"I am confident this action is an important step toward protecting the health of children and expanding communities' right to know," said Environmental Protection Agency head Christine Todd Whitman in a statement released before she met with President Bush at the White House to announce the administration's decision.
"Lead poisoning can cause learning problems, brain damage and hyperactivity in our children. Despite the significant progress we have made in reducing lead in children's blood, the president believes we can do more."
The regulation does not actually reduce lead emissions. It requires manufactures such as electric plants and car makers that use more than 100 pounds of lead or lead compounds annually to report emissions to the EPA. Previously, the only producers required to document lead emissions were firms that processed 25,000 pounds of lead or otherwise used 10,000 pounds or more a year.
Clinton adopted the regulation 12 days before leaving office in a move that angered many in the manufacturing industry because of the increased costs associated with emissions reporting. President Bush put implementation of the rule on hold for a 60-day review along with a host of other environmental regulations, many of them last-minute, some of which were rolled back.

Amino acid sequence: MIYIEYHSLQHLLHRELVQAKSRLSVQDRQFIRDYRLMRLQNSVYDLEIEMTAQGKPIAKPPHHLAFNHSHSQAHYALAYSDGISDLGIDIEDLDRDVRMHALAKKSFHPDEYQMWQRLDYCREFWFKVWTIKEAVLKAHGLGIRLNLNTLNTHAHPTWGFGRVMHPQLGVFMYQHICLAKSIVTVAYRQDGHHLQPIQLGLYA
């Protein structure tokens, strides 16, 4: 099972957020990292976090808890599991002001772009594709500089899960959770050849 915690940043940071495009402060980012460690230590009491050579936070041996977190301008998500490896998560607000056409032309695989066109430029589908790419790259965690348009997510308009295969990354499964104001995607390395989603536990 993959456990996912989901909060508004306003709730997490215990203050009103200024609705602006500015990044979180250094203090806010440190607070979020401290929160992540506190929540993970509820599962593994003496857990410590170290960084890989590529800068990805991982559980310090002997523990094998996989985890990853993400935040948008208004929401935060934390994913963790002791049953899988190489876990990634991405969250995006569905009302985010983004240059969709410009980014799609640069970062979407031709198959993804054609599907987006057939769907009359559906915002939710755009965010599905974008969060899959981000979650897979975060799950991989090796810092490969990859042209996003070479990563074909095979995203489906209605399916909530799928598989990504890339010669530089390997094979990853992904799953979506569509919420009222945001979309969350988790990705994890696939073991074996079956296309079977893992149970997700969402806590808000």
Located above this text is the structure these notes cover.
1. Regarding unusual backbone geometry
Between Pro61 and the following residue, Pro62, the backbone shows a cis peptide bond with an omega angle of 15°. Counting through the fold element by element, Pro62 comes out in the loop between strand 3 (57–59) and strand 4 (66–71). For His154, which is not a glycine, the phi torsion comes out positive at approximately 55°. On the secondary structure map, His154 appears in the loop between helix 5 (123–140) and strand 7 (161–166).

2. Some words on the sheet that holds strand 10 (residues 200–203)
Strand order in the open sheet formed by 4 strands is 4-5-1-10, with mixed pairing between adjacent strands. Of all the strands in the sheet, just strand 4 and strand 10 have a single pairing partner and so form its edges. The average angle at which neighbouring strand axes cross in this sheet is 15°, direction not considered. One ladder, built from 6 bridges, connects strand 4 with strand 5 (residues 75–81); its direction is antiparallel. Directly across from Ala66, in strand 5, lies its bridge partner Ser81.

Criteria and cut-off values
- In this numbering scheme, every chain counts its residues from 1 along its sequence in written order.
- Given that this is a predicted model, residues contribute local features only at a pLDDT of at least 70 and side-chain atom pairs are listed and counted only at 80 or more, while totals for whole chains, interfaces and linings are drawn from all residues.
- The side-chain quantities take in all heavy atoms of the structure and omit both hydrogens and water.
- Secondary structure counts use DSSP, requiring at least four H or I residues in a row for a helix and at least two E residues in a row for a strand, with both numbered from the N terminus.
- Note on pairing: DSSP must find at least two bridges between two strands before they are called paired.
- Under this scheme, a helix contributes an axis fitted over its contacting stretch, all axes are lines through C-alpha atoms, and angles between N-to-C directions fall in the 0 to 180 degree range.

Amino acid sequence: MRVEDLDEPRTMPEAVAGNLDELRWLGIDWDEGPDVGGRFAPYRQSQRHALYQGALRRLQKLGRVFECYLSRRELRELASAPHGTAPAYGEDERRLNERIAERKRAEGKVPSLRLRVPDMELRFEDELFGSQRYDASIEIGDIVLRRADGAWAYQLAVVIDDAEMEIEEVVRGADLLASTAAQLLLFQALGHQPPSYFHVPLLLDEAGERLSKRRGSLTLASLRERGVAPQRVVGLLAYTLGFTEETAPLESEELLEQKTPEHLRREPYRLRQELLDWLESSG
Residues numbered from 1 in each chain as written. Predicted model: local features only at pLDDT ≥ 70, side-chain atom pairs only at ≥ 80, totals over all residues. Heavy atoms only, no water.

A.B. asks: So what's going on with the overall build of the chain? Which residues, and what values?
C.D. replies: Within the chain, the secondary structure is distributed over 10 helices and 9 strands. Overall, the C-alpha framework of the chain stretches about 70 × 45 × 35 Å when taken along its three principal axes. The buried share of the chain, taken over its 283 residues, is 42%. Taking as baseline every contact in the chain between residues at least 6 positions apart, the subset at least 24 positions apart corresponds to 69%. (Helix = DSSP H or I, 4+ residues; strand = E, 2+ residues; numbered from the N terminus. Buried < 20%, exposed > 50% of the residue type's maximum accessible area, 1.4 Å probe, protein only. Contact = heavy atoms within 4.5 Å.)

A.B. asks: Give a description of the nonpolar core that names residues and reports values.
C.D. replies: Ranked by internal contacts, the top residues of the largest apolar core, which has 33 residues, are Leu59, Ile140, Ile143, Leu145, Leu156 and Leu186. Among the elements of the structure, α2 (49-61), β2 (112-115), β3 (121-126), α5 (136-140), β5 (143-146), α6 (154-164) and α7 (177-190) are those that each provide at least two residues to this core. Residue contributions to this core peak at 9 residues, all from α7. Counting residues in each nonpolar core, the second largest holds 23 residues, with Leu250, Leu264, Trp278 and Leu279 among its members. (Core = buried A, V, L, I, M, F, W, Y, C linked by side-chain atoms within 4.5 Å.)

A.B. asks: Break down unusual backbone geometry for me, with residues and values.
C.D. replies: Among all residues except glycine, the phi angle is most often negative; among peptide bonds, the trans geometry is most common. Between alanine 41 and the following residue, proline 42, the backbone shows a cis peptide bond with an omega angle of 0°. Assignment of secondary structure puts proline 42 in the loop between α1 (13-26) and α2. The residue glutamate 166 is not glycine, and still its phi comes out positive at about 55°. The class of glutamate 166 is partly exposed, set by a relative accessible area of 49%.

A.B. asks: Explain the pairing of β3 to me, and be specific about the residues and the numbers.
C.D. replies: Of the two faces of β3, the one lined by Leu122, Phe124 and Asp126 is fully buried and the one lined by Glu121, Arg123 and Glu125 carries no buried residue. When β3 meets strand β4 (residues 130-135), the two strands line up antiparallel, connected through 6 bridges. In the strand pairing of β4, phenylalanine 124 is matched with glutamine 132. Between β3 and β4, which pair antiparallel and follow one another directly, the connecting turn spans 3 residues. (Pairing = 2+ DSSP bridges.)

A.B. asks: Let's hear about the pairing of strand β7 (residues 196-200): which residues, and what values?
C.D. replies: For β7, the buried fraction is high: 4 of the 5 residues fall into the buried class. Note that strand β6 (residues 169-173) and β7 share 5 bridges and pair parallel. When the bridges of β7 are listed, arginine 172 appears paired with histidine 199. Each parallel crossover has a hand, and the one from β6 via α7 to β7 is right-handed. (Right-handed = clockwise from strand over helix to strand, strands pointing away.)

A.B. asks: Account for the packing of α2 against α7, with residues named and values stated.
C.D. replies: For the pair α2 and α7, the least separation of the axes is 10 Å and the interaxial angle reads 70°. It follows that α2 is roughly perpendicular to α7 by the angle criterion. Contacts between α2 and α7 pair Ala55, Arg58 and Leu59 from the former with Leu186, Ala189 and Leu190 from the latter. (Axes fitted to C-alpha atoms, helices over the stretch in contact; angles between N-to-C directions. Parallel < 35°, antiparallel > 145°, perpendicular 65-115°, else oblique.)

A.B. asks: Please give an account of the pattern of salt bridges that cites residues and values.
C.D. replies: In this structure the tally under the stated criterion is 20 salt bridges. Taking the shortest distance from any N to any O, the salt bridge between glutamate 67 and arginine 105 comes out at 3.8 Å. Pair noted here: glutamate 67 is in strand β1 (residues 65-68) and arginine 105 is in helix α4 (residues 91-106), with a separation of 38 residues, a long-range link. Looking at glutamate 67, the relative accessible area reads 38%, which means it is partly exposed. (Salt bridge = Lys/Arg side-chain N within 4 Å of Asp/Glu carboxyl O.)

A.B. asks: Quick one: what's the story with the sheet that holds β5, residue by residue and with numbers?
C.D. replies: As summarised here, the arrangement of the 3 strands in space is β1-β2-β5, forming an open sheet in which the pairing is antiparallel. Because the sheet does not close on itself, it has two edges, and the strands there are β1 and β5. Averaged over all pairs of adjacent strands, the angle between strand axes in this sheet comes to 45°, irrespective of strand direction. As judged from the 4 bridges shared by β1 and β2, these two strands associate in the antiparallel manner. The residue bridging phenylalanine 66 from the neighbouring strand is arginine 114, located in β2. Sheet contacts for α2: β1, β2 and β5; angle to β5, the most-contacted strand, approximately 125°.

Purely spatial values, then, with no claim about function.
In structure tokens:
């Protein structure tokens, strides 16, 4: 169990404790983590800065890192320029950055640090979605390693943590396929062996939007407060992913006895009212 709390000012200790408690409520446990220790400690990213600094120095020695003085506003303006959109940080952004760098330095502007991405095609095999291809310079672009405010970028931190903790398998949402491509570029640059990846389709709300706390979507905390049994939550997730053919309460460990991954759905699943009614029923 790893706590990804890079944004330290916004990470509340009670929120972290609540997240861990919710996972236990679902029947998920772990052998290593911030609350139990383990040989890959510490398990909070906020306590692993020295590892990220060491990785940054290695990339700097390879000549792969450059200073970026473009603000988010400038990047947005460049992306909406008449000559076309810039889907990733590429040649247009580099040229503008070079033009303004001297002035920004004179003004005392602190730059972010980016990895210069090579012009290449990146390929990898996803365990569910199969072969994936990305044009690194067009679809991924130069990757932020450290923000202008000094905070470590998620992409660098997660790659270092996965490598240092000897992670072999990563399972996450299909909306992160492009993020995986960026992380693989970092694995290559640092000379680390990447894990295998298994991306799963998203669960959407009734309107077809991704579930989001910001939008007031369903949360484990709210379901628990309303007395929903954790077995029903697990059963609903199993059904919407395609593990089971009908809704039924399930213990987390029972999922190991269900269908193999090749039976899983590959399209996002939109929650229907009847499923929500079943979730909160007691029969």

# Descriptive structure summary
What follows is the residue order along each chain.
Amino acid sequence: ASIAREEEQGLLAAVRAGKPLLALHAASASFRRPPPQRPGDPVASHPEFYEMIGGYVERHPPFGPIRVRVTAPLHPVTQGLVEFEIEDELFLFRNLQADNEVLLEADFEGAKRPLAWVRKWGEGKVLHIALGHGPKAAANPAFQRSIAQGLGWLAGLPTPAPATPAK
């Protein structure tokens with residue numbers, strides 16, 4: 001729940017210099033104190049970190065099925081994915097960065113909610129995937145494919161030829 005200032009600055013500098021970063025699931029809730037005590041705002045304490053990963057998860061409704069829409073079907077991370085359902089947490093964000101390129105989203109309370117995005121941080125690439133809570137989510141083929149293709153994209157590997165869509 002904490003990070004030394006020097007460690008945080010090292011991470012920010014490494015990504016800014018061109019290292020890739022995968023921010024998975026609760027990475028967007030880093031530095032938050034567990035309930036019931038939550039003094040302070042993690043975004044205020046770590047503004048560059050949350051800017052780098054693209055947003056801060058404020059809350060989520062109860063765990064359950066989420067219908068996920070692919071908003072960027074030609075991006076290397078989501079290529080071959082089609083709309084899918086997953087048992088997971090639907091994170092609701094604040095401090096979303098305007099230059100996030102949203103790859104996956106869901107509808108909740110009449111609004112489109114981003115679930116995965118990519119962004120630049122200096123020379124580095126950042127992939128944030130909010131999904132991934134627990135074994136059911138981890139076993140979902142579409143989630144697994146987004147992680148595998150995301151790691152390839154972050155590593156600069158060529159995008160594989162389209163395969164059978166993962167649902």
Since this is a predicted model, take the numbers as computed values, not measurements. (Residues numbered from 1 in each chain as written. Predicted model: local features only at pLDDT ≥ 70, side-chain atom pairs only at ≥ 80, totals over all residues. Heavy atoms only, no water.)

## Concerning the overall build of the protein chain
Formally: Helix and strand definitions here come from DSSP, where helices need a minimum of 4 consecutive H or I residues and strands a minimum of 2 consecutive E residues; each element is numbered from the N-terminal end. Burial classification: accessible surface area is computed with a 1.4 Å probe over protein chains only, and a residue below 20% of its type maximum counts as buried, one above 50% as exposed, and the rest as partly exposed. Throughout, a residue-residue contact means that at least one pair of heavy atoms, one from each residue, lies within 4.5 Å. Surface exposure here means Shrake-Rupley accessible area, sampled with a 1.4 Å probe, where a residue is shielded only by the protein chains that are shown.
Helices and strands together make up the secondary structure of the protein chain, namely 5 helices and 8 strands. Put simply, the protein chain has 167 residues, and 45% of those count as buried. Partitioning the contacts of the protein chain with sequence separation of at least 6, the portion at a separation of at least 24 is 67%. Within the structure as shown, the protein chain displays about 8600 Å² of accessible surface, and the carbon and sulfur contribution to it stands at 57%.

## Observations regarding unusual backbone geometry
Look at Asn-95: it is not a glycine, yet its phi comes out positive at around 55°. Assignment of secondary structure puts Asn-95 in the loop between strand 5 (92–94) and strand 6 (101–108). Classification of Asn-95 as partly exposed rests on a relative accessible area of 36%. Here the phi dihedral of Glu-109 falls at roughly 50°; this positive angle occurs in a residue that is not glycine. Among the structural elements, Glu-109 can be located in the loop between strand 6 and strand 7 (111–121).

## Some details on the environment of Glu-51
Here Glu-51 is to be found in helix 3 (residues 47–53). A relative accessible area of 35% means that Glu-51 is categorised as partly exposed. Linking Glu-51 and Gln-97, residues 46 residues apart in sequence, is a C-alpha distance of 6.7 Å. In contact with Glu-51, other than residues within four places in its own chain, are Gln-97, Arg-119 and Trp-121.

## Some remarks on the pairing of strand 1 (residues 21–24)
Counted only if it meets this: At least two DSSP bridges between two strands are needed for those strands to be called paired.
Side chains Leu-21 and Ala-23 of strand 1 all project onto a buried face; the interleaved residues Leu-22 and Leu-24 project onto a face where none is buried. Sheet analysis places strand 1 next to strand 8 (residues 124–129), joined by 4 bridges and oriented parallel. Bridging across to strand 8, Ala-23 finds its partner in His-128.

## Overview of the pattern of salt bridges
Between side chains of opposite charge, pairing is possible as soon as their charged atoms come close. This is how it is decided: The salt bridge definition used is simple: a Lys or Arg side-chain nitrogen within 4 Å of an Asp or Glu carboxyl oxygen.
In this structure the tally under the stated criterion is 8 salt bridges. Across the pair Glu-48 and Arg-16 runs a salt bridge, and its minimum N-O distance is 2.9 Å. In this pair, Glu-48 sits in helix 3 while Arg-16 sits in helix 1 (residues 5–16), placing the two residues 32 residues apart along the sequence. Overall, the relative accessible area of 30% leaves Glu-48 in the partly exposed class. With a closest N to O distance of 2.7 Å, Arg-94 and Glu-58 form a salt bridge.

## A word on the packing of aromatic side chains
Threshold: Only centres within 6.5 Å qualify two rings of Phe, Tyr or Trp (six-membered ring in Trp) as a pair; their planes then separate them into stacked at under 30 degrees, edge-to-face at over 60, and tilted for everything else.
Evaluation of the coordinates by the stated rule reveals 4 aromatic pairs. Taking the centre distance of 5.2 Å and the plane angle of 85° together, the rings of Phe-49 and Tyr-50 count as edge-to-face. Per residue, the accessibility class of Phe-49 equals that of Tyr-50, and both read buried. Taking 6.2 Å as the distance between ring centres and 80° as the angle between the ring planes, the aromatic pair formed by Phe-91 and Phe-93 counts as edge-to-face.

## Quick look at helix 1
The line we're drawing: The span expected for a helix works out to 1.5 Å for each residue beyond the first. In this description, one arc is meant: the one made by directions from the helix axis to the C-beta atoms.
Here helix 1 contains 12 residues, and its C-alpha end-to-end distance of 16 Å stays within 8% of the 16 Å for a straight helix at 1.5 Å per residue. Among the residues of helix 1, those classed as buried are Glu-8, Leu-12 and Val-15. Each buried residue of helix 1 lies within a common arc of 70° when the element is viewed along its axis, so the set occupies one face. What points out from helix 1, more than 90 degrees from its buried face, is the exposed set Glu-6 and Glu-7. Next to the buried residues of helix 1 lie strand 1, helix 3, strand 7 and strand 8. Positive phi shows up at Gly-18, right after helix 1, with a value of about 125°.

In March, the White House abandoned the costly 11th-hour Clinton administration regulation calling for the reduction of arsenic allowed in drinking water from 50 parts per billion to 10 parts per billion.
In related issues, Bush also reversed himself on a campaign pledge to curb carbon dioxide emissions from factories and withdrew U.S. support from the Senate-opposed Kyoto accords, an international treaty aimed at reducing greenhouse gases that some believe cause "global warming."
The actions drew criticism from foreign capitals, environmentalists, Democrats and liberal Republicans who accused Bush of catering to business interests at the expense of the environment.
In recent days, the White House has sought to amplify Bush policies favored by environmentalists, such as the lead regulation, which Bush upheld to prevent land developers building on "wetlands."
"This president cares about these issues," Whitman told reporters during a press conference called for the lead announcement.
Bush ordered Whitman to provide technical assistance for compliance to affected businesses, which must issue their first lead emissions reports by July 2002.
In a statement released shortly afterward, Bush said lead "is found too often in some of America's older and poorer communities."
"Under this new rule, workers consumers and communities will be provided crucial information about the presence of this toxic substance," Bush said. "My administration will continue to support and promote efforts based on sound science to clean our air, water and land."
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